First U.S. polls close as voters pick between Clinton, Trump after brutal campaign

By Steve Holland and Amanda Becker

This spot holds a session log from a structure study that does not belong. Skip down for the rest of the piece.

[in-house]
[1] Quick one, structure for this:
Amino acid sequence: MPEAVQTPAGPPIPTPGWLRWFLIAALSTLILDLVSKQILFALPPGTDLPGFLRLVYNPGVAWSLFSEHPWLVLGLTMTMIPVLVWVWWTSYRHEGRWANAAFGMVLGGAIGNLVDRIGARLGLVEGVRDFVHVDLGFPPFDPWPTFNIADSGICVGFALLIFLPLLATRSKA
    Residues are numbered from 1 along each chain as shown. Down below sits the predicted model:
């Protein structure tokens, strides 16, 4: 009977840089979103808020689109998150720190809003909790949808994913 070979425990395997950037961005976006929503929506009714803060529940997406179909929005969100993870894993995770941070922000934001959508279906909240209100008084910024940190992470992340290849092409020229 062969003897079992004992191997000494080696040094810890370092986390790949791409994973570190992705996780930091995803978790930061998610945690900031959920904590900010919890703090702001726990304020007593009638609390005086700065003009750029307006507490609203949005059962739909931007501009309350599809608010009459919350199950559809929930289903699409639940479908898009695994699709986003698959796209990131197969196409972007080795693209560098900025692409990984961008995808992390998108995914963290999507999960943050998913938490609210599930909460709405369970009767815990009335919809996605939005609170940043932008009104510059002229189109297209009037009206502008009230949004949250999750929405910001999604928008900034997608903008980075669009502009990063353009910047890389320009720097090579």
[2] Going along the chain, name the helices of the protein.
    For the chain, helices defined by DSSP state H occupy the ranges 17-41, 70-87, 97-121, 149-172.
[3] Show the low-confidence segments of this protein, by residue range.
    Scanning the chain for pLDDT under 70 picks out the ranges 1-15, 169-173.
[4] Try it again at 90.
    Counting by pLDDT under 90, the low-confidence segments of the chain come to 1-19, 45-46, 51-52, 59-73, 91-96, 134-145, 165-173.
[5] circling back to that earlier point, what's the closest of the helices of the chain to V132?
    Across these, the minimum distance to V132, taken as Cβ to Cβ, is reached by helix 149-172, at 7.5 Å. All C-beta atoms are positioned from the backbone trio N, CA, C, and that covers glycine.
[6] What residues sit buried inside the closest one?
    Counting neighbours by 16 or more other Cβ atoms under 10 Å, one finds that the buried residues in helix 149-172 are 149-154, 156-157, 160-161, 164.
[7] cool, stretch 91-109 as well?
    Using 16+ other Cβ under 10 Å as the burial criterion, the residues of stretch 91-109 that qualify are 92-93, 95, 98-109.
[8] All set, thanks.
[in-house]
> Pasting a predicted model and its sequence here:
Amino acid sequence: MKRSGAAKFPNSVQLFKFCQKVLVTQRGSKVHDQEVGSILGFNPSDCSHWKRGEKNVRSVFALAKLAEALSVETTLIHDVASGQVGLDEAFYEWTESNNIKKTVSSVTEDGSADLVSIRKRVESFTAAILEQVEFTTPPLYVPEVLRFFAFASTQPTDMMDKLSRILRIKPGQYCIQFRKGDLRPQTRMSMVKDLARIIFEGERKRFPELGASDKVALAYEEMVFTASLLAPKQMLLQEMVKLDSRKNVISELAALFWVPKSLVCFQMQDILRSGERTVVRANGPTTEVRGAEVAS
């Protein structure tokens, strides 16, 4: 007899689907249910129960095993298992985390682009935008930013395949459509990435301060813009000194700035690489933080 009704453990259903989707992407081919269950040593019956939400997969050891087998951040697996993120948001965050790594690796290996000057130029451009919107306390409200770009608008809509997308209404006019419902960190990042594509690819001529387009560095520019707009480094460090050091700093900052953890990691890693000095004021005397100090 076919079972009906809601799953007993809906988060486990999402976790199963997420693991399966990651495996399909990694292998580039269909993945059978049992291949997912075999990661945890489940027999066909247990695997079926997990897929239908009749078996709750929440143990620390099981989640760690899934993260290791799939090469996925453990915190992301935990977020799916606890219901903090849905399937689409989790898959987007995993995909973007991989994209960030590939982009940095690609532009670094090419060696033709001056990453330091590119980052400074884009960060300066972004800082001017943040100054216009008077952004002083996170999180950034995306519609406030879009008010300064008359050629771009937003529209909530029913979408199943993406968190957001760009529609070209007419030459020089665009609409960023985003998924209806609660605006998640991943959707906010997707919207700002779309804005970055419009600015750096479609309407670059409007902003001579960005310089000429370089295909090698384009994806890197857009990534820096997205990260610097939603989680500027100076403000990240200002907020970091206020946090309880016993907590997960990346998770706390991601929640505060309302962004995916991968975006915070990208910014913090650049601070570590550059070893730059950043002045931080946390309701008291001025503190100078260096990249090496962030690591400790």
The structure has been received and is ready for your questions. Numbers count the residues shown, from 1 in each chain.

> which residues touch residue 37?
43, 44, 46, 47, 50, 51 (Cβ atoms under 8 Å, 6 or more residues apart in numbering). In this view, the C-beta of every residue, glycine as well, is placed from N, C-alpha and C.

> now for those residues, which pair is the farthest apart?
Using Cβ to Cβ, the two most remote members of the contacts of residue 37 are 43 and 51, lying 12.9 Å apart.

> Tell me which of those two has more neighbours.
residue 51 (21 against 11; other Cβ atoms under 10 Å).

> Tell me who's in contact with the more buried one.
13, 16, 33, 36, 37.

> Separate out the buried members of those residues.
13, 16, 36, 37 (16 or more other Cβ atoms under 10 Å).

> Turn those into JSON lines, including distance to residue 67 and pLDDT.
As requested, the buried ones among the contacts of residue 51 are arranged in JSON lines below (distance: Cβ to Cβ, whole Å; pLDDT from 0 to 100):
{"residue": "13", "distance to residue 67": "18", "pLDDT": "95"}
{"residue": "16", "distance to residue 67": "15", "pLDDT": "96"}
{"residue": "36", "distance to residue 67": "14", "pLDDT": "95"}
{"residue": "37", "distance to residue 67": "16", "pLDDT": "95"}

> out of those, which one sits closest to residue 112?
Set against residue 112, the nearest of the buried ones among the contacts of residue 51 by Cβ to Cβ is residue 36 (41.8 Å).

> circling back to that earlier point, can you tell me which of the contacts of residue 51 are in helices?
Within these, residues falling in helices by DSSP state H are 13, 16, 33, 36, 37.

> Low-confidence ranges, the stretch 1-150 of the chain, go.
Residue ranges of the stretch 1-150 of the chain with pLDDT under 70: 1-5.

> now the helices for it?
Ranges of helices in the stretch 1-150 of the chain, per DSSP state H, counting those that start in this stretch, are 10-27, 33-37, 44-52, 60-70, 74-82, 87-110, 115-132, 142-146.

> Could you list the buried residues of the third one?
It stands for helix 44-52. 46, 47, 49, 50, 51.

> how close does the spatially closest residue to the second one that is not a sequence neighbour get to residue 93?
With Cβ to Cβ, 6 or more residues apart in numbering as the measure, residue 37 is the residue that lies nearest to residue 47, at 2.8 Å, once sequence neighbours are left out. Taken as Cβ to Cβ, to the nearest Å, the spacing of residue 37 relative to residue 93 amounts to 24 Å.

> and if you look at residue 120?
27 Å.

By Steve Holland and Amanda Becker NEW YORK (Reuters) - Polls began to close on Tuesday in the long and bitter race for the White House between Democrat Hillary Clinton and Republican Donald Trump, with last-minute opinion polls giving Clinton the edge in the final hours of the race. Polls in the Eastern time zones of Indiana and Kentucky were the first to close, and a flood of vital battleground states such as Virginia, North Carolina and Ohio - where polls were due to close in the next hour - would provide initial clues about the possible winner. Clinton led Trump, 44 percent to 39 percent, in the last Reuters/Ipsos national tracking poll before Election Day. A Reuters/Ipsos States of the Nation poll gave her a 90 percent chance of defeating Trump and becoming the first woman elected U.S. president. In a campaign that focused more on the character of the candidates than on policy, Clinton, 69, a former U.S. secretary of state, and Trump, 70, a New York businessman, accused each other of being fundamentally unfit to lead the country. Trump again raised the possibility on Tuesday of not accepting the election's outcome, saying he had seen reports of voting irregularities. He gave few details and Reuters could not immediately verify the existence of such problems. Financial markets, betting exchanges and online trading platforms largely predicted a Clinton win, although Trump's team said he could pull off a surprise victory like the June "Brexit" vote to pull Britain out of the European Union. Voters appeared to be worried about the country's direction and were seeking a "strong leader who can take the country back from the rich and powerful," according to an early reading from the Reuters/Ipsos national Election Day poll. The poll of more than 10,000 people who voted in the election showed a majority worried about their ability to get ahead in life, with little confidence in political parties or trust in the media. Also at stake was control of Congress, with Republicans defending a slight four-seat majority in the 100-member Senate. The House of Representatives, where all 435 seats were up for grabs, was expected to remain in Republican hands. The Dow Jones Industrial Average index ended up 0.4 percent as investors bet on a win for Clinton, seen by Wall Street as more likely to ensure financial and political stability. Mexico's peso hit a two-month high on Tuesday on the expectation of a loss for Trump, who has vowed to rip up a trade deal with Mexico. In the closing stages of the race, the two campaigns focused on several vital battleground states, including Ohio, Pennsylvania, North Carolina and Florida, as they tried to piece together the 270 Electoral College votes needed to capture the White House. Clinton had more options to reach 270, with Trump needing a virtual sweep of about a half-dozen toss-up states to win. Majorities of voters told pollsters they viewed both candidates unfavorably after a particularly bruising and divisive campaign that began in early 2015. For months, polls showed both Clinton and Trump were unpopular, although Trump was more so. "They're both not good candidates, but I'd rather vote for 'worse' than 'worser,'" said Estefani Rico, 20, a first-time voter who cast her ballot for Clinton in Miami. "It's nerve racking that in my first time being able to vote I get the worst candidates ever," she said. Mary Wheeler, 94, held her nose when asked which candidate she was supporting as she stood in line to vote in St. Petersburg, Florida. "I always vote Republican, so I guess I'll do that," Wheeler said. "He can make a fool of himself but I think he may be able to straighten things out a little bit," she said of Trump. Trump, who has never previously held political office, pledged to shake up the Washington establishment but also alienated many people, including in his own party, with a campaign heavy on personal insults and unorthodox positions such as a proposal to build a wall along the Mexican border to keep out illegal immigrants. Asked if he believed the election would not be over on Tuesday night, Trump on Tuesday told Fox News: "I'm not saying that. I have to look at what's happening. There are reports that when people vote for Republicans, the entire ticket switches over to Democrats. You've seen that. It's happening at various places." Fears of violence and voter intimidation across the country appeared largely unfounded. Police said two or three were wounded by gunfire near a polling station in Azusa, California, but there was no indication the incident was election-related. Local media in Pennsylvania reported that voters in several counties had reported that touch-screen voting machines had not been recording their ballots correctly. Republicans in Pennsylvania also complained that some of their authorized poll watchers were denied access to polling sites in Philadelphia, local media said. Trump also sued the registrar of voters in Nevada's Clark County over a polling place in Las Vegas that remained open on Friday during an early-voting period to accommodate people, many of them Hispanic, who were lined up to cast ballots. A Nevada judge on Tuesday rejected Trump's request for records from the polling site. Trump and Clinton are seeking to succeed Democratic President Barack Obama, who is nearing the end of his second four-year term in the White House and is barred by the U.S. Constitution from seeking another term. (Additional reporting by Emily Stephenson and Amanda Becker traveling with the candidates, Letitia Stein in St. Petersburg, Florida, Luciana Lopez in Miami, Doina Chiacu, Andy Sullivan and Susan Heavey in Washington, Colleen Jenkins in Winston-Salem and Kim Palmer in Ohio; Writing by Alistair Bell and John Whitesides; Editing by Will Dunham, Howard Goller and Frances Kerry)